A panadapter connects to a radio and provides a "snapshot" view of signals on a given band. The display shown nearby illustrates what an operator might see. In this case, the display plots signal activity on a portion of the 40-M band centered at 7.220 MHz. The display shows "instantaneous" signal amplitude in the upper window and a "waterfall" display below. The waterfall shows activity over a given time. The brighter the color, the higher the amplitude of the signal. Based on the signals present you can get a good idea about band use and propagation.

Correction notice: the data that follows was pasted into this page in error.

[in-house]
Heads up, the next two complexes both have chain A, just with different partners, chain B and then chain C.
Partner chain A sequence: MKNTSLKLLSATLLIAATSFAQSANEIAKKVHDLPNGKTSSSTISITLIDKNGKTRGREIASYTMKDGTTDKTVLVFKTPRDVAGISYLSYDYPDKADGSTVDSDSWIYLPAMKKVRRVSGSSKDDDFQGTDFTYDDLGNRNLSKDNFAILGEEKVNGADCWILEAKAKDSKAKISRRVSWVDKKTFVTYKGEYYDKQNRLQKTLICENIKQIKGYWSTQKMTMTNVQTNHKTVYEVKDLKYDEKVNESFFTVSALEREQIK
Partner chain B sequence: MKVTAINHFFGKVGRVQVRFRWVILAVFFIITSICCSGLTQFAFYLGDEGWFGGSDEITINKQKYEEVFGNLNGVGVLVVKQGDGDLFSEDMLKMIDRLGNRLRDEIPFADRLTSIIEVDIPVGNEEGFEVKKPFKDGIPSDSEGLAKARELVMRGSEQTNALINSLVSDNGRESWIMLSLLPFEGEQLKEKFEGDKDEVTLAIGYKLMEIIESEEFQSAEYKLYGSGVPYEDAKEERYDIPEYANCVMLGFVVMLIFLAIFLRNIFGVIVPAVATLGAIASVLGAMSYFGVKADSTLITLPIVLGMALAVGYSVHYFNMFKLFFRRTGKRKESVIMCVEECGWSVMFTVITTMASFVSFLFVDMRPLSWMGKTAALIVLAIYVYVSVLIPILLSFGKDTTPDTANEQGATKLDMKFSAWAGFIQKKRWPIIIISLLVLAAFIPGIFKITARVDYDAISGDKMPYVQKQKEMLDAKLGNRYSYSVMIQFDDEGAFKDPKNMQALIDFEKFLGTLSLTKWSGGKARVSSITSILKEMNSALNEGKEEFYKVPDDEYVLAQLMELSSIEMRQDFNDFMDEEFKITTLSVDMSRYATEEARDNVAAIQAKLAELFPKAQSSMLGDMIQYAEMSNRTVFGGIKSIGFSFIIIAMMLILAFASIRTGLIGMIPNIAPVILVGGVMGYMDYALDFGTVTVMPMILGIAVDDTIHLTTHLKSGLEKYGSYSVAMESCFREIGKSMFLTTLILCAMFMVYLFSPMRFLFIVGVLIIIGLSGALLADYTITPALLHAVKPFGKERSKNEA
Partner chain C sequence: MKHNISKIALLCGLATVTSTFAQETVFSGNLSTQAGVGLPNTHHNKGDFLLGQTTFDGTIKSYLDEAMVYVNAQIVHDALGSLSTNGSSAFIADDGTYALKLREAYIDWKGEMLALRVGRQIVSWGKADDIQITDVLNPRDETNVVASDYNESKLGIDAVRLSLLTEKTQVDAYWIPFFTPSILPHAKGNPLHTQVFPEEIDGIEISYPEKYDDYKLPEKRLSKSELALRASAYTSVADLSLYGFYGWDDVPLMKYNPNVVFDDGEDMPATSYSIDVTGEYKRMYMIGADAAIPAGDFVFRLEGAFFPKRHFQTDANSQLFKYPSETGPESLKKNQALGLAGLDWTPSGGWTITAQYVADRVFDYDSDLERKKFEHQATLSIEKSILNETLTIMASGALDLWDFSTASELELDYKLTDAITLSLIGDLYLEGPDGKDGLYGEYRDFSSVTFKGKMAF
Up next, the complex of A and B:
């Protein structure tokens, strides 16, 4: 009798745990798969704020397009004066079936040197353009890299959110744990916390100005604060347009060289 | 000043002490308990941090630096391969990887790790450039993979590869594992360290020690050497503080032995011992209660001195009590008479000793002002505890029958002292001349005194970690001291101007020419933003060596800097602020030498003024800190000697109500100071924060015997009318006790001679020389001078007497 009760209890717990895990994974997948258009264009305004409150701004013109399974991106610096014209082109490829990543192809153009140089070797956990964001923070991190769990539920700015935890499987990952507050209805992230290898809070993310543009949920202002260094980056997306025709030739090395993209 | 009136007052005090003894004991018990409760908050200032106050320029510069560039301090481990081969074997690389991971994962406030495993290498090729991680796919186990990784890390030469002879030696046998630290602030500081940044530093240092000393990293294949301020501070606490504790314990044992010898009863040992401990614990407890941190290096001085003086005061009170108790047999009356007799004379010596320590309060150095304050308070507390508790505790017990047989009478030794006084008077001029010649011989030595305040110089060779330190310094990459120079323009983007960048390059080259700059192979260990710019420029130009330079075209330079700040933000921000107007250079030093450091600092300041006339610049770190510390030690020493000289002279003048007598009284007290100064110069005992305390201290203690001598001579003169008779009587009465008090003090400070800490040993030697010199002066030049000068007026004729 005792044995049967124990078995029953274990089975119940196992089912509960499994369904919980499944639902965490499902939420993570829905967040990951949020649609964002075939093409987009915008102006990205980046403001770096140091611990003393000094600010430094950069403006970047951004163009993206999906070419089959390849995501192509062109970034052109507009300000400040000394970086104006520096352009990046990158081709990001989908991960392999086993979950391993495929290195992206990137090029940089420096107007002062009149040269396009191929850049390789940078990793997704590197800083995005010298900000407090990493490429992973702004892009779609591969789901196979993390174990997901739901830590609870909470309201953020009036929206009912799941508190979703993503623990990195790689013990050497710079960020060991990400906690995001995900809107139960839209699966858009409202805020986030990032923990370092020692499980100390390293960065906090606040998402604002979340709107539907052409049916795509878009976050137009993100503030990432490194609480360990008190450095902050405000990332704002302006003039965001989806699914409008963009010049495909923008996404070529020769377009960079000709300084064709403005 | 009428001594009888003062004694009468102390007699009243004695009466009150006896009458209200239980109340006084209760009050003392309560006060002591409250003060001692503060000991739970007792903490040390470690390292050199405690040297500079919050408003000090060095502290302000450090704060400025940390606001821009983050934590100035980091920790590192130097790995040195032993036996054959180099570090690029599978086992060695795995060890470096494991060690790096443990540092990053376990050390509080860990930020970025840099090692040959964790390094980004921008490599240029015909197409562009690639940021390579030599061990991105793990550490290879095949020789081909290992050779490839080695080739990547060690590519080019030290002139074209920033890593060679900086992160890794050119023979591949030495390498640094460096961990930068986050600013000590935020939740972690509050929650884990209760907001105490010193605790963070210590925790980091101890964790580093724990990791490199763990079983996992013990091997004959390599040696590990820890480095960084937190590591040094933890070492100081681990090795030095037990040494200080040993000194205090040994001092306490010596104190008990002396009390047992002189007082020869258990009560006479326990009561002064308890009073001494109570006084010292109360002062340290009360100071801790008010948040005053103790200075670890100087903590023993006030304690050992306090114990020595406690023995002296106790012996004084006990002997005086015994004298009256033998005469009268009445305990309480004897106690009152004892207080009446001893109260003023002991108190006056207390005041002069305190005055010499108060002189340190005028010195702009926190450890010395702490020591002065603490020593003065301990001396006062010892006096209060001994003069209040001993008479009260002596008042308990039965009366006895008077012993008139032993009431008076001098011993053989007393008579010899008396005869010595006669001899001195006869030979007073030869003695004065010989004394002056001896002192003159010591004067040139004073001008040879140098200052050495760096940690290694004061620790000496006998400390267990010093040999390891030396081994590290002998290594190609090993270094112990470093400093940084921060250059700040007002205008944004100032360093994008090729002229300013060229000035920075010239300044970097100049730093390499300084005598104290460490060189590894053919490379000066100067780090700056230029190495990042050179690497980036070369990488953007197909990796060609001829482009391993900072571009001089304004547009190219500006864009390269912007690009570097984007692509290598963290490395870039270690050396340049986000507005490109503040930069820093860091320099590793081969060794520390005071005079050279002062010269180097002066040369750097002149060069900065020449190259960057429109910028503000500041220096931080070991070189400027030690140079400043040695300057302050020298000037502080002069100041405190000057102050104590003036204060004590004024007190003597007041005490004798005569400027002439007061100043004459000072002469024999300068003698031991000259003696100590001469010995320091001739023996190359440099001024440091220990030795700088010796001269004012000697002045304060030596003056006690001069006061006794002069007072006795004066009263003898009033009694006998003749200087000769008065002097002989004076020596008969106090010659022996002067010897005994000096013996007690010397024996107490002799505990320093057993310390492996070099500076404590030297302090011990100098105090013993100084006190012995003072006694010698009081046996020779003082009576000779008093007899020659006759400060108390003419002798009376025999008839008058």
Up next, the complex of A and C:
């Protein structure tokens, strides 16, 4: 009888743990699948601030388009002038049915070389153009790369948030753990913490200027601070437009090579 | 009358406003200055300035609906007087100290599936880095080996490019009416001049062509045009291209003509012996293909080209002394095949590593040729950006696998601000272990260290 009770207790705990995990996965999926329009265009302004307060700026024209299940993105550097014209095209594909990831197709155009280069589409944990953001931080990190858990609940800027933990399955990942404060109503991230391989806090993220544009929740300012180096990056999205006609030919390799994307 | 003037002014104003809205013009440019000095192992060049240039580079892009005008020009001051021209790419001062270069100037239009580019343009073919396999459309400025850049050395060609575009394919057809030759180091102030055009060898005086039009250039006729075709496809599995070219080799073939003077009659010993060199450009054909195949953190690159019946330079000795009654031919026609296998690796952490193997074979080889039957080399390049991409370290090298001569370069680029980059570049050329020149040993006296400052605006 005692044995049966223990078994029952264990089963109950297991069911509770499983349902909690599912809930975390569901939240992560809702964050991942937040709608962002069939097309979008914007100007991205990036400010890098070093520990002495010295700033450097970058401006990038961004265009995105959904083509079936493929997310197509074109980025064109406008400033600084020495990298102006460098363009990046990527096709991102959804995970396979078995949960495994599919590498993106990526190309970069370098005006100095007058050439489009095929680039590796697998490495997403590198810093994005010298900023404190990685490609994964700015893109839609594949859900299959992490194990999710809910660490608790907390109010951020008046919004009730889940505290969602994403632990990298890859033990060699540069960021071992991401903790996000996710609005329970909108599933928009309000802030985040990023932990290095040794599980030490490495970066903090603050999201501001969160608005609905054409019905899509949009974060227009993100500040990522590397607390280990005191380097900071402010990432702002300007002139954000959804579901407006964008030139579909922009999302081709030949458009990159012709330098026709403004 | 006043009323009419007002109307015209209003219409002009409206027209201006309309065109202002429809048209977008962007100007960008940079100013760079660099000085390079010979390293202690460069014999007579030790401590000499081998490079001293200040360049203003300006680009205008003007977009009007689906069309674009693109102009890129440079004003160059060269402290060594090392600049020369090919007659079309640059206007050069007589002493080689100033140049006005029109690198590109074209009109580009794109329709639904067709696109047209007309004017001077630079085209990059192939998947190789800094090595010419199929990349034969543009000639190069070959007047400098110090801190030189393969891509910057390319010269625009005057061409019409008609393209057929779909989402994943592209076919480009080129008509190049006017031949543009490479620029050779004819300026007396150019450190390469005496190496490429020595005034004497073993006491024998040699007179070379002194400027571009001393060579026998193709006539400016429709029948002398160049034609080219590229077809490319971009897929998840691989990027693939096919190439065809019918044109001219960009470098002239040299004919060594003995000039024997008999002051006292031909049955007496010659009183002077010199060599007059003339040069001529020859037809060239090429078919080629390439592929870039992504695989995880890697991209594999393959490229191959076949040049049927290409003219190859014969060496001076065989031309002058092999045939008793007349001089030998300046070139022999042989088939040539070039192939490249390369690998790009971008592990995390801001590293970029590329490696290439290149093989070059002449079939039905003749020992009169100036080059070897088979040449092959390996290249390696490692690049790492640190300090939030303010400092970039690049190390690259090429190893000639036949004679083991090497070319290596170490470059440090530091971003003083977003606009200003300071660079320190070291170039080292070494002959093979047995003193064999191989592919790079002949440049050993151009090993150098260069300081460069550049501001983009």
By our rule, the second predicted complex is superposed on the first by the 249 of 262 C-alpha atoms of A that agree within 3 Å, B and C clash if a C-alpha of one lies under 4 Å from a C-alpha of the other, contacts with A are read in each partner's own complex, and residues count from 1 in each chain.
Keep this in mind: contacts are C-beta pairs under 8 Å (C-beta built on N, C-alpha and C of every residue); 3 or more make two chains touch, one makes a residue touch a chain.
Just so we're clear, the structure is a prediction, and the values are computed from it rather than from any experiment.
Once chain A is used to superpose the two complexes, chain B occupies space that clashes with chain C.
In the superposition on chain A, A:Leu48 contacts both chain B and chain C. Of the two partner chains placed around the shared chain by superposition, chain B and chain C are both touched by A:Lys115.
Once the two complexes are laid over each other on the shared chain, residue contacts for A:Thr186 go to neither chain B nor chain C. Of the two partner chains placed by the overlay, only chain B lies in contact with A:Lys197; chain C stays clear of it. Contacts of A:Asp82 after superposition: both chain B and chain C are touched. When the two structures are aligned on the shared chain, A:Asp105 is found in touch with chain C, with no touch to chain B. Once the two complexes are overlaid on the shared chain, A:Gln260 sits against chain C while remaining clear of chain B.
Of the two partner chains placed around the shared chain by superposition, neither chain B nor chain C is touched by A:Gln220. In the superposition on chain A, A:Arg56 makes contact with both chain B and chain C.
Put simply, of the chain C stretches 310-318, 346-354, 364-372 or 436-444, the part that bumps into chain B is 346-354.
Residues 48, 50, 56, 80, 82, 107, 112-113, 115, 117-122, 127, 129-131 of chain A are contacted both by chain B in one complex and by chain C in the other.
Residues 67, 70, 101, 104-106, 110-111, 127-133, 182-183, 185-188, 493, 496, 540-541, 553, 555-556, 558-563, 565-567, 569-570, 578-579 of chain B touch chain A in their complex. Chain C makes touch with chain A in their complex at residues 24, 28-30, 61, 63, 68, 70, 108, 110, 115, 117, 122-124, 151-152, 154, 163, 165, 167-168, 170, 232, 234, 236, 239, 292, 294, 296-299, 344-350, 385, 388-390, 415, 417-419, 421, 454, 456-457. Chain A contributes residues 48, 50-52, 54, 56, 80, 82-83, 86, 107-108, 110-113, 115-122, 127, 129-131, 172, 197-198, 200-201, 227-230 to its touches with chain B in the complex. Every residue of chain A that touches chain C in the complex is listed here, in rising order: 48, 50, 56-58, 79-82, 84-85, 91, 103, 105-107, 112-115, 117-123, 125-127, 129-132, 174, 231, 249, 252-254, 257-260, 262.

Many hams can't afford an add-on panadapter, though. The unit shown here for an Elecraft transceiver can cost upwards of $US 700. Zowie! But hams still can see activity on many bands from many places on the globe. A worldwide view can help you determine which bands look open in a country or area you want to contact. Open a browser on your PC and check out the webSDR site. It gathers panadapter-type information from many software-defined radios (SDRs) and lets users select one and then choose a band to view. Not all SDR stations cover all bands, but you can get enough information from several to "scope out" band conditions and ham-radio activity.
The SDR Web user interface lets you move the receiver's "dial" to a signal of interest and listen to what goes on. Here's part of the display from F8KGO in France. The main WebSDR page lists 112 SDR stations and plots their locations on a small world map. --Jon Titus